When Elaine and I retired from our professional careers in Kamloops almost 33 years ago, selecting the Comox Valley was no accident. We had vacationed for several years out of Bates Beach Resort and were familiar with excellent fishing and the generous climate of the Comox Valley in particular and Vancouver Island in general. Gardening was a passion for Elaine, and fishing was mine. Fishing is to gardening what jam is to bread – it gives the garden new life through fertilizer to the soil and special flavour in the produce. By the way, we are still gardening and fishing in spite of a few challenges that have to do with getting long in the tooth.
In a shrinking world, Vancouver Island is regarded by many as a small place. In fact it is larger than many countries. It is a six-hour drive on modern highways from Victoria in the south to Port Hardy in the north.
In making the drive you travel along the snow-capped mountain spine of the Island and in the process cross many rivers and streams that flow from mountain glaciers. The Island is covered throughout much of its area by south coast alpine forests enriched with over 600 freshwater lakes of varying size.
Its marine coastline is speckled with hundreds of islands of varying size and deep fjords that reach far inland from the Pacific Ocean. Much of the west coast of the Island is isolated by lack of roads, while the east coast is enriched by fertile deltas and plains that support farming, wildlife, fish and pleasant cities to meet the needs of Island residents.
Indeed the capital city for the huge province of British Columbia is located in Victoria at the south end of the Island. In the minds of many we are isolated form the mainland by a system of ferry boats that move people and produce to the Island and its many small island communities whose only connection to the Island is by marine or air plane transportation. In many respects our perceived isolation is probably a good thing for the Island lifestyle.
For people who touch the earth through such simple life-supporting activities as gardening and fishing, Vancouver island is indeed a paradise. We are blessed with freshwater lakes that have healthy populations of rainbow and native cutthroat trout where we can fish 12 months of the year.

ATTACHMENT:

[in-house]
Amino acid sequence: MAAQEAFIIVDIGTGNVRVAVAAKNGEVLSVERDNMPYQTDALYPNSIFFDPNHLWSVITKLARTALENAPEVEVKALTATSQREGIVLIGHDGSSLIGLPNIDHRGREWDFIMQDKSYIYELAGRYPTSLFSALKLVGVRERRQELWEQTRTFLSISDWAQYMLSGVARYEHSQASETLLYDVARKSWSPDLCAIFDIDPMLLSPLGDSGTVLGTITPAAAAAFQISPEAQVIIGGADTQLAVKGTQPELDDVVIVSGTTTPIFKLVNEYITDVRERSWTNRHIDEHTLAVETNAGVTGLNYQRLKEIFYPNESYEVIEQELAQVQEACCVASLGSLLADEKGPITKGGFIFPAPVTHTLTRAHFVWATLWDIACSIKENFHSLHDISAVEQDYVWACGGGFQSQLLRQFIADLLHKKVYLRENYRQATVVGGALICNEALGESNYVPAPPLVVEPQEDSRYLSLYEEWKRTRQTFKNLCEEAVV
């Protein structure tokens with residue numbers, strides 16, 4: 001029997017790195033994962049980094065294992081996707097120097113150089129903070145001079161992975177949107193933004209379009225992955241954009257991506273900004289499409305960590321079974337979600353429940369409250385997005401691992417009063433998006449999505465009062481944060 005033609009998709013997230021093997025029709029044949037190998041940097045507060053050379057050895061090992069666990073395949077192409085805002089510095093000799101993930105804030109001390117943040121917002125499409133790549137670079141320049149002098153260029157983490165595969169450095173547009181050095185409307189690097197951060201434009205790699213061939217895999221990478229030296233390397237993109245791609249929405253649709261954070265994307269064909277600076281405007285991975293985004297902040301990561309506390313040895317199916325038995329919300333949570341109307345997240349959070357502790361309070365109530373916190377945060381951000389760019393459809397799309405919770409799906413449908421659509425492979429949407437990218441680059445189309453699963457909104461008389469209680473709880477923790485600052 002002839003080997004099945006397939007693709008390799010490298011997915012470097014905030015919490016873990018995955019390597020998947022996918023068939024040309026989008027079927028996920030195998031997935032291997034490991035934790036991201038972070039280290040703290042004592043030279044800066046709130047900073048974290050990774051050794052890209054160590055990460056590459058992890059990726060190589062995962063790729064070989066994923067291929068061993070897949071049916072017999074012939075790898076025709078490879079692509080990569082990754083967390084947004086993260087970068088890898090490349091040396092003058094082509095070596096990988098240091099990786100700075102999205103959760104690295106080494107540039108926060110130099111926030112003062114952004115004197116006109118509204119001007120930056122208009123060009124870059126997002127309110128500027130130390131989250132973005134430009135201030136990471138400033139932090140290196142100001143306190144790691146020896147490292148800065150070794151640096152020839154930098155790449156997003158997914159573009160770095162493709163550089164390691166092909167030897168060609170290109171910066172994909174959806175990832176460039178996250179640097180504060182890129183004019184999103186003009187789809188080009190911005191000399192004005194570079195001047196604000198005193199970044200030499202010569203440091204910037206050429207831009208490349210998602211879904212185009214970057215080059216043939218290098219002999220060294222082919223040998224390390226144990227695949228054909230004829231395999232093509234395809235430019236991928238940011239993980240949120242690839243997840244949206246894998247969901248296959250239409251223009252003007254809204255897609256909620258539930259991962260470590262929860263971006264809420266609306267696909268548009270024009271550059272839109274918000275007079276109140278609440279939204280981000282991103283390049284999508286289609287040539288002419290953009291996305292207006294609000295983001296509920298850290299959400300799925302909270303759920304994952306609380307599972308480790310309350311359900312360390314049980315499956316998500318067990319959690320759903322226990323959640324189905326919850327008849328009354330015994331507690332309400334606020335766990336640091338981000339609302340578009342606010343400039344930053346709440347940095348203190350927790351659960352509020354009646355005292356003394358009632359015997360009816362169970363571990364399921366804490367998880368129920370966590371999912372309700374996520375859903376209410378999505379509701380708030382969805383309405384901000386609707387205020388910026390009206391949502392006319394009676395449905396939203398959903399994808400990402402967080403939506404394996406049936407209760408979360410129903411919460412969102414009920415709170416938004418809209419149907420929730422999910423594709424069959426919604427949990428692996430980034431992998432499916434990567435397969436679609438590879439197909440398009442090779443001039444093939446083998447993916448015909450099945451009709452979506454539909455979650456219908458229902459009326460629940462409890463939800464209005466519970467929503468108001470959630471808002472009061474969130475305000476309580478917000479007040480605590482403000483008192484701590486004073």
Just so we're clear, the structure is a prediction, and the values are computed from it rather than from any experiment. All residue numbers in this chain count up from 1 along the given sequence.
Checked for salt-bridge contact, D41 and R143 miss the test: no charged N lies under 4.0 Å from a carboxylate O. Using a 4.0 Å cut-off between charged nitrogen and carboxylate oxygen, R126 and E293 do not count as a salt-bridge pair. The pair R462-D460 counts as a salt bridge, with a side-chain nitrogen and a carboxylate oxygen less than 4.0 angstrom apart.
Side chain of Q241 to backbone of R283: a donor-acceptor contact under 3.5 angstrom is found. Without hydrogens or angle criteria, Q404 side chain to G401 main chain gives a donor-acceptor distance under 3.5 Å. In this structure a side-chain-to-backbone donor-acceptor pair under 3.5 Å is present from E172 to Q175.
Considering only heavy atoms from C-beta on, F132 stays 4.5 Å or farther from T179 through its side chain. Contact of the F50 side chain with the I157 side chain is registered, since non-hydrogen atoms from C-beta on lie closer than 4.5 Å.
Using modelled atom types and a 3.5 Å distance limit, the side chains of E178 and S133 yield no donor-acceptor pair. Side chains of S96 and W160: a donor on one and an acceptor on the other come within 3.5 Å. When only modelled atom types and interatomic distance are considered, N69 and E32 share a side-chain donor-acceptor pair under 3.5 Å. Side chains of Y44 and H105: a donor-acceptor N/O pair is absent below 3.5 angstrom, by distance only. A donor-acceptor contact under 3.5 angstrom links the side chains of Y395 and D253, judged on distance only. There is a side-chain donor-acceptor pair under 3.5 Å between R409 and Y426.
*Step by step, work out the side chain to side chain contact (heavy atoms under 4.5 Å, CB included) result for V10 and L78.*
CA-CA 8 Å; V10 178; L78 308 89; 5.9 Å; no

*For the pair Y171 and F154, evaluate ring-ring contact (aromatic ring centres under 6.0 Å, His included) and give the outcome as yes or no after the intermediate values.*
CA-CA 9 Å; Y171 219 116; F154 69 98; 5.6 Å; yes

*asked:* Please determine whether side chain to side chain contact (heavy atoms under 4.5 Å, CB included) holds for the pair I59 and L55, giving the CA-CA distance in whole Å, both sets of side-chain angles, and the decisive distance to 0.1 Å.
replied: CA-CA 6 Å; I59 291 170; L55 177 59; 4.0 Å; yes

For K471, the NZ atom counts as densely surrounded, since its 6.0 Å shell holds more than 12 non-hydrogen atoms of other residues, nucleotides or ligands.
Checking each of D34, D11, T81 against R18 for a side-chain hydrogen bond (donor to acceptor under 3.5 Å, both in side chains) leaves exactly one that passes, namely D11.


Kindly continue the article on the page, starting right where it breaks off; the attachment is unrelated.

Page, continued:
Throughout much of the year many rivers and coastal beaches team with migrating populations of all five species of Pacific salmon. Our immediate coast lines are richly endowed with many species of clams, oysters and other shellfish that are available throughout the year when tidal movement expose them to our shovels, forks and other methods of gathering.
Farther out from the shoreline we have populations of crabs and prawns that add special treats to our food-gathering lifestyle. As recreational anglers operating from relatively small boats, we can catch halibut, lingcod, Pacific cod, flounders, herring and several species of rockfish. I respectfully suggest there are few places left on the planet that offer the local residents such bounty so close to home.
With modern and traditional methods of preserving and freezing we can enjoy the gifts from the waters throughout the year. When you think about it, a place that offers gardening and fishing throughout the year is indeed richly endowed.
Climate change will make many life-altering changes to the woods and waters that surround us; but this column is firmly convinced we have many adaptations available to us in this richly endowed Island paradise that will see us through.
Ralph Shaw is a master fly fisherman who was awarded the Order of Canada in 1984 for his conservation efforts. In 20 years of writing a column in the Record it has won several awards.